Attending Skills Following Skills Do not interrupt the speaker Do not divert the speaker by asking too many questions Do not divert the speaker with too many statements or observations Do not “fill in” words or complete sentences (let the speaker finish) Encourage the speaker to tell their own story Use prompters like “yes”, “go on”, and “I understand” Nod your head, show subtle signs of attentiveness

Attending Skills : 

Attending Skills Following Skills Allow time for Silence Allow the speaker time to reflect and prepare the next dialogue

Reflective Skills : 

Reflective Skills Reflective Skills

Reflective Skills : 

Reflective Skills Paraphrase Accurately restate the speaker’s message Use your own language to convey factual information only Example: Speaker: “This project has been a complete disaster. All of the managers loved to listen to the sound of their own voices. As a result, we spent months talking about how we got into the situation and what needed to be done, rather than working on a fix. We needed to have something in place several weeks ago, and now we will never make our budget. They will probably hold me accountable, but I can’t do anything about the management!” Listener: “So, now you are behind schedule and over budget.”

Reflective Skills : 

Reflective Skills Reflection of feeling Accurately restate your perception of the emotions of the speaker Example: Speaker: “This project has been a complete disaster. All of the managers loved to listen to the sound of their own voices. As a result, we spent months talking about how we got into the situation and what needed to be done, rather than working on a fix. We needed to have something in place several weeks ago, and now we will never make our budget. They will probably hold me accountable, but I can’t do anything about the management!” Listener: “I understand, you feel personal pressure and frustration from this situation.”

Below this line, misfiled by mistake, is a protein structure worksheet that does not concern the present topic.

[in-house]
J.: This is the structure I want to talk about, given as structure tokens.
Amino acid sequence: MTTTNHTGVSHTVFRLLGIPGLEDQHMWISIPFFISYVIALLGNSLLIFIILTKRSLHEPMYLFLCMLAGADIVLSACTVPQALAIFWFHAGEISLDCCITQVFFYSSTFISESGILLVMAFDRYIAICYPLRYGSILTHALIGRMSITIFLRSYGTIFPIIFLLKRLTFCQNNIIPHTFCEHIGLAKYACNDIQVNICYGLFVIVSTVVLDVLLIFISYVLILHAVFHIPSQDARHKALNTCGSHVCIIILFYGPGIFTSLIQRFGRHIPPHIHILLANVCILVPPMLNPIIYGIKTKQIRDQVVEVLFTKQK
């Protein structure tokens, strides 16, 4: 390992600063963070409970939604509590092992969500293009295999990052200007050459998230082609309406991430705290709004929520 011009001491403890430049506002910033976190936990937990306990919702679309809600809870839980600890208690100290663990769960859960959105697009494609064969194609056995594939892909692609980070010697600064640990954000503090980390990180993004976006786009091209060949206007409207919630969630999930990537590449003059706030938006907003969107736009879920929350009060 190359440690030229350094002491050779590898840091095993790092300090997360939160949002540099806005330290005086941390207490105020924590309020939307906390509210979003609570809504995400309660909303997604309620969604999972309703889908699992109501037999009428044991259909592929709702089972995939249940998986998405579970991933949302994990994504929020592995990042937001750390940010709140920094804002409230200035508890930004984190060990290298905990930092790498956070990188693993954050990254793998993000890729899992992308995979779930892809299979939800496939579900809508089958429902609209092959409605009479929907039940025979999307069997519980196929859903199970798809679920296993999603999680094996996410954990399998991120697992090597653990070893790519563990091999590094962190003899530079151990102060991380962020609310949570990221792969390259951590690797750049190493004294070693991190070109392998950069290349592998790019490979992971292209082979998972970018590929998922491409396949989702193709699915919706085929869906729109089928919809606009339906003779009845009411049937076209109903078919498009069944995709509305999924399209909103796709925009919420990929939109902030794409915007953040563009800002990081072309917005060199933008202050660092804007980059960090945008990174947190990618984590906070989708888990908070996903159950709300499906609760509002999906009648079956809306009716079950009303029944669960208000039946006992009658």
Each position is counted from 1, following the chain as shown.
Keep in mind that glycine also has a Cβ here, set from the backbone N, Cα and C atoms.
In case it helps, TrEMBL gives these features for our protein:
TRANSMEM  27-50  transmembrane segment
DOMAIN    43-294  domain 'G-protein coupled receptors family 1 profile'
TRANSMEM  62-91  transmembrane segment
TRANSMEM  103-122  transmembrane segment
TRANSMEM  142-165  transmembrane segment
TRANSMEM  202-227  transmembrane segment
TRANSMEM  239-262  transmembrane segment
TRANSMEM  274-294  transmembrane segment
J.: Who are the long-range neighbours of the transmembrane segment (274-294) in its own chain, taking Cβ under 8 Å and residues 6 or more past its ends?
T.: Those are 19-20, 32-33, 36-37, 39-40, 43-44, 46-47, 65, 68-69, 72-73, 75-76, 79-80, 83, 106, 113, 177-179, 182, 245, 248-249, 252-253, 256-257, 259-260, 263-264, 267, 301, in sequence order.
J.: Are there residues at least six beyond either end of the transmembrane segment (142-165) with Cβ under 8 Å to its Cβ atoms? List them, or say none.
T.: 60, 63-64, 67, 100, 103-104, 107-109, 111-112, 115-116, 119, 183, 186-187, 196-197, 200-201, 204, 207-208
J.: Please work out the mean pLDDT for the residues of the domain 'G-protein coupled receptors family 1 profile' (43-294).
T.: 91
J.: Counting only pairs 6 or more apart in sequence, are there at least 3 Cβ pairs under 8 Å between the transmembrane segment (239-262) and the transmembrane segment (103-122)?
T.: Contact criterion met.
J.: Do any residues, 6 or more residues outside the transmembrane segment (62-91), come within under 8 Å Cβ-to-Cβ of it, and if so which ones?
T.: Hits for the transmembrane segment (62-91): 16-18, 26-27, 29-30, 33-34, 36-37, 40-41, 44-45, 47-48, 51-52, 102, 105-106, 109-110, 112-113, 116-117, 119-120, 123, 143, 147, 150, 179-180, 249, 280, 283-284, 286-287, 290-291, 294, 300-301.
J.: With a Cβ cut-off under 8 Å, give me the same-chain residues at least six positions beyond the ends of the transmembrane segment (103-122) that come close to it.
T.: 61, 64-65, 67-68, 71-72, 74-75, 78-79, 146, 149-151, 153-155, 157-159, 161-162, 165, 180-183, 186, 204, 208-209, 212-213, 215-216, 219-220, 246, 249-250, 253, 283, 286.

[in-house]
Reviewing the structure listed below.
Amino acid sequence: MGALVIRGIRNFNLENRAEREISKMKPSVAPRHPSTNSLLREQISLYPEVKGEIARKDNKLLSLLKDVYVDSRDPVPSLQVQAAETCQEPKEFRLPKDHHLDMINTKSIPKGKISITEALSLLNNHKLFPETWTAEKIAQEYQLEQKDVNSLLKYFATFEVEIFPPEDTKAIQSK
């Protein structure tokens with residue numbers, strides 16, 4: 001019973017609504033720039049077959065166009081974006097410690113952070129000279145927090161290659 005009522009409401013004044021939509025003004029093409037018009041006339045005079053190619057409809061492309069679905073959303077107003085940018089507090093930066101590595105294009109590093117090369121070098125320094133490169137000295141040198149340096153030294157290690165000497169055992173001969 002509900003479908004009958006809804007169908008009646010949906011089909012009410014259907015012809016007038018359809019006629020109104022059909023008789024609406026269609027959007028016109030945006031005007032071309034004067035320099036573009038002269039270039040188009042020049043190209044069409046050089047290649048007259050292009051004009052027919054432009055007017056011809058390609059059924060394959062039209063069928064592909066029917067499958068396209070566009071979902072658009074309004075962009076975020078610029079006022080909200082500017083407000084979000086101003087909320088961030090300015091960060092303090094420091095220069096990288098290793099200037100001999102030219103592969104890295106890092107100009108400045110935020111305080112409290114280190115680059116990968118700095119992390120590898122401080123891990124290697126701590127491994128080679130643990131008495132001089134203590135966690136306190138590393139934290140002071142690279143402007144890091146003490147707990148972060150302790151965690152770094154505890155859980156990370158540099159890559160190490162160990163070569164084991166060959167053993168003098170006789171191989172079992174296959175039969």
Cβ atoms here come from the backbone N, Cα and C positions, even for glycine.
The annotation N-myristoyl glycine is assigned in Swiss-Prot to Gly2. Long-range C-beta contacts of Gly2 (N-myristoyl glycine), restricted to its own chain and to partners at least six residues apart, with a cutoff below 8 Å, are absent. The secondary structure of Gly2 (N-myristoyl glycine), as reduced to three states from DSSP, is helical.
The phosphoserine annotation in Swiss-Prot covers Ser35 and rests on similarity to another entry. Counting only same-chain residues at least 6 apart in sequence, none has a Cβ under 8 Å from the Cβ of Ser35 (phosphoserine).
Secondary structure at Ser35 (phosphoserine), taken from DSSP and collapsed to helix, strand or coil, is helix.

Reflective Skills : 

Reflective Skills Focusing Keep the flow of the conversation goal directed and specific Example Speaker: “This situation is hopeless. If Ted would agree, then we could start making progress immediately. Unfortunately, Ted is unwilling to commit or make a decision. It reminds me of the time that he waited six months to agree to this procedure in the past. The last time that we went through this kind of situation he dragged his feet and eventually just did not respond at all. Several years ago he did the same thing in another situation. Listener: “What are your options to move forward in this situation?”

Reflective Skills : 

Reflective Skills Clarifying Attempt to understand vague, confusing or unclear communication Example Speaker: “This is just the tip of the iceberg. It’s like the tail wagging the dog. It seems like no big deal at first, but it could have devastating results. Nobody else pay attention to the future. They just think that I have some kind of crystal ball and can wave a magic wand to make it all go away. Next thing that you know, there is some ball under the rug and nobody wants to talk about the elephant in the corner of the room.” Listener: “Are you saying that you see the potential for a big problem?”